By Alice Doyel
There is no way to cover this topic fully. There are different theories and information. There are many of us who know parts and pieces, often not connected to one another. For those of us in this state of knowledge, I chose the following approach:
- Parts 1 and 2 Theories from two researchers/educators/practitioners, each with 30 plus years of experience in Autism. Interpretations by these researchers differ on some important aspects.
- Part 3 Experiences and insights from a parent of a child with autism attending public school.
- Part 4 Colleges creating opportunities for appropriate education for students with autism.
- Each posting finishes with employment connections. Education is just the starting point for students experiencing autism. To live as an employed or self-employed productive adult is the necessary goal.
Colleges for Students with Neurodiverse Brains
25 Best Colleges for Students with Autism, on the College Choice Website (June 3, 2021) The list includes overview information on each college regarding how it serves neurodiverse students.
Top College Consultants Website lists 168 colleges in alphabetical order, listing location, programs for neurodiverse students, population served, services for neurodiverse students, and fees.
Bellevue College is #25 on the College Choice Website. Bellevue College is part of the expansive Washington Community and Technical Colleges system. Approximately 40,000 students attend Bellevue, taking associate degree programs and professional-technical degrees and certificates. Bellevue partners with Eastern Washington University, the University of Washington, and Washington State University to offer its students access to cross-campus majors and programs.
Bellevue College’s Neurodiversity Navigators (formerly Autism Spectrum Navigators) program works closely with neurodiverse students regarding social interaction, study habits, self-advocacy, and self-regulation. Bellevue offers peer mentoring. It also provides cohort classes that cover career preparation, skill-building, stress management, occupational wellness, interpersonal communication, and more.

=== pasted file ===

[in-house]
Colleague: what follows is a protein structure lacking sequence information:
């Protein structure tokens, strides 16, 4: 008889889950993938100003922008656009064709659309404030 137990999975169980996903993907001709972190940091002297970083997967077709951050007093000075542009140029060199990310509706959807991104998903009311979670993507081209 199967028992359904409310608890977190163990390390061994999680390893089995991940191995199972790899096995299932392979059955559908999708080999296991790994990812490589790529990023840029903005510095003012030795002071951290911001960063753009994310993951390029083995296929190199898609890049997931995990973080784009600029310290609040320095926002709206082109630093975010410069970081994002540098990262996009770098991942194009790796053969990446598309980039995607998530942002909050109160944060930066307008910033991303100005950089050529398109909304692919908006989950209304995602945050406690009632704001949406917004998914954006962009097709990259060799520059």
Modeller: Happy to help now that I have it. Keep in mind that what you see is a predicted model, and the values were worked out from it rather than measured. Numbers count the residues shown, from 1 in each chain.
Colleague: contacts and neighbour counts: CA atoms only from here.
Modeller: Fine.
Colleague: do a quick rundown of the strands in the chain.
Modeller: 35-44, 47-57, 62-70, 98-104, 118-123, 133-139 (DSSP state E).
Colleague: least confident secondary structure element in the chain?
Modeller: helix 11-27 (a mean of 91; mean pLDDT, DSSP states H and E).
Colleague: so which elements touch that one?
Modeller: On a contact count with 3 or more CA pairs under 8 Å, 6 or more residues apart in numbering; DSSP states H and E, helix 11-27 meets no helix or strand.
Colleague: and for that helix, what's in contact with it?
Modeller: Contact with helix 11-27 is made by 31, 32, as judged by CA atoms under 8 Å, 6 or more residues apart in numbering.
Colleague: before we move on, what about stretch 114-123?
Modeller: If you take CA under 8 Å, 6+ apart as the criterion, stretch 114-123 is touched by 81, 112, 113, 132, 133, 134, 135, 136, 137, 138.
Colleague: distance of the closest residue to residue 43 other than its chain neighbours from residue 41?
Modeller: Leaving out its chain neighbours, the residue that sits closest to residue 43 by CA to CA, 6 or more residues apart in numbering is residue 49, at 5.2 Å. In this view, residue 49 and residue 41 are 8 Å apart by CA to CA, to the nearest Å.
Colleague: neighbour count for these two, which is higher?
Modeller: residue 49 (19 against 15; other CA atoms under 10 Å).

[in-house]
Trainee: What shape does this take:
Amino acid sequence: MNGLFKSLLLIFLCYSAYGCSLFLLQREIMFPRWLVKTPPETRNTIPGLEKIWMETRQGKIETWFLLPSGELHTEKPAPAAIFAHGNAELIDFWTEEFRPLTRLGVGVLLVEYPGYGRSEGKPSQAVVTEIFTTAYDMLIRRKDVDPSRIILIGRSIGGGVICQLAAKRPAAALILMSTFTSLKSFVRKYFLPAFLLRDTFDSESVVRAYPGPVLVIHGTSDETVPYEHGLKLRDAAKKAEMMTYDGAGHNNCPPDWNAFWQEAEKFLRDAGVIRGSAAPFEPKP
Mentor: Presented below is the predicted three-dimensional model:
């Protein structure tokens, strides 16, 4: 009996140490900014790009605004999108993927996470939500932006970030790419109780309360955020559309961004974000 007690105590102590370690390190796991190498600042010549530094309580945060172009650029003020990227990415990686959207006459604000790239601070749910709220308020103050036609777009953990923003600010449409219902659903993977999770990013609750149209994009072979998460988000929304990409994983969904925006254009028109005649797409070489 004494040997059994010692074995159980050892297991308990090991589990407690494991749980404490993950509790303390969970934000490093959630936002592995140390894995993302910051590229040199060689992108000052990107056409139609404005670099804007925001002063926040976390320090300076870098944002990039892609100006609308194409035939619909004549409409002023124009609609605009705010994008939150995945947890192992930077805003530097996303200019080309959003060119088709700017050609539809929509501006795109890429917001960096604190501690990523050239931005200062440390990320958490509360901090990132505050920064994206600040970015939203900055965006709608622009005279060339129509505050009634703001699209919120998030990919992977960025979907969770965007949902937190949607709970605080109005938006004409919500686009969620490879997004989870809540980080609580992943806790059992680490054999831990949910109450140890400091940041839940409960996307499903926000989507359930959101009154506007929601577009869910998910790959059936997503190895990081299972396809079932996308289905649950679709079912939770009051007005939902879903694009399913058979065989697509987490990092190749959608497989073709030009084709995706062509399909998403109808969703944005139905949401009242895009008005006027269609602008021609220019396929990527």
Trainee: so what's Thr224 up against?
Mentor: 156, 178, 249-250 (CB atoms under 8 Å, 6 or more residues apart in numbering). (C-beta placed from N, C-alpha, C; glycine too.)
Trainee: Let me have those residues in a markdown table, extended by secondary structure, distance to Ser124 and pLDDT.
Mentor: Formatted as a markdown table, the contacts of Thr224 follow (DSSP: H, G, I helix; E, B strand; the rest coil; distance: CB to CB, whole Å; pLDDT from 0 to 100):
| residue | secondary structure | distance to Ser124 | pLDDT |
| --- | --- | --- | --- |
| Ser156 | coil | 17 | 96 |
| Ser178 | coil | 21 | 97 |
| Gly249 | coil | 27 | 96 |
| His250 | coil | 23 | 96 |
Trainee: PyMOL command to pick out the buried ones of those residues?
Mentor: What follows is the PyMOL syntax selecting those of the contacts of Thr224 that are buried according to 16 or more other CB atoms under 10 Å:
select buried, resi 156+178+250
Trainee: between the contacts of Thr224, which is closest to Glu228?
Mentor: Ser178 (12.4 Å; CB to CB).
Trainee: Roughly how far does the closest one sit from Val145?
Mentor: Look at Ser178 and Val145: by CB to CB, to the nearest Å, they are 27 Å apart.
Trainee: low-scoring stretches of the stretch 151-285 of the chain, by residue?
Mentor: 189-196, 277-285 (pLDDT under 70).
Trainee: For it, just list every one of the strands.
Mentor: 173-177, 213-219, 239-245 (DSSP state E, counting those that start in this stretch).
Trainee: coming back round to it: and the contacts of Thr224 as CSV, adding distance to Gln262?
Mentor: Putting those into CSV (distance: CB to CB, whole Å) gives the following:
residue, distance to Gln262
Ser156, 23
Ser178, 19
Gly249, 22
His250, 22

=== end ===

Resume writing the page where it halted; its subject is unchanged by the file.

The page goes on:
Bellevue Neurodiversity Website has links galore, and those links have links, with information for a wide range of neurodiverse students, from those currently in high school to students going for advanced degrees. The website contains a Neurodiversity Navigator Video (25 min.) with a wealth of information. These screenshots will get you some content and the flavor of Bellevue’s Neurodiversity Program.
Bellevue uses a Social Justice Model: Bellevue seeks to empower our students rather than “fix” our students. We do not want to make our students fit into one “correct” or typical way of being. We want to remove the barriers that create difficulty with access. We want to question those cultural constraints. For example, the Medical Model in the world of neurodivergence and autism is a ‘social skills class’ to try to teach you how to do social skills like a “typical” person. Instead, Bellevue wants you to learn how to be yourself, how to understand how you prefer to socialize, what that means for you, and how to be able to access all the areas of life that you would want to or need to access as yourself.
Celebration of Tara Vasanth
Tara Vasanth is the artist who created “Neurodiversity Awareness”, which she permits us to use for the LEV Blog. Tara is a student at William and Mary (Virginia), which actively supports neurodiverse students.
We are showcasing some of Tara’s writing and art from her high school years. “Within Reach” is Tara’s award-winning poem. Tara expresses her inner thoughts to the person she sees in her mirror: her fears, her hopes, and her possibilities. Click to read and enjoy an enlarged version.
Hullabaloo! Goodnight Deep Blue is the second book Tara illustrated and wrote in rhyme for the Dallas Zoo, to teach children about sea animals, how they are endangered, and what actions can save them. Click on the illustration to view or purchase.
To enjoy more of Tara’s creative artwork and writing, including during her college years: taravasanth.com.
Students should choose a college that has connections to companies with job opportunities that fit their interests and skills. The time to find this out is when students interview to apply for college. Ask direct questions! Are there internships in these companies as part of the college curriculum? Which companies annually recruit on campus. Where are prior graduates employed?
Next Blog Post: When Juvenile Crimes Mean Decades of Incarceration.
Musical Finale for Autism Series: Windmills of Your Mind, by Sting. Click on the Links, or on the Image
With Exuberant Imagery 2019 (4:24 min.) With the Lyrics (4:13 min.)
With Saxophonist in a Club Performance 2019 (6:21 min.)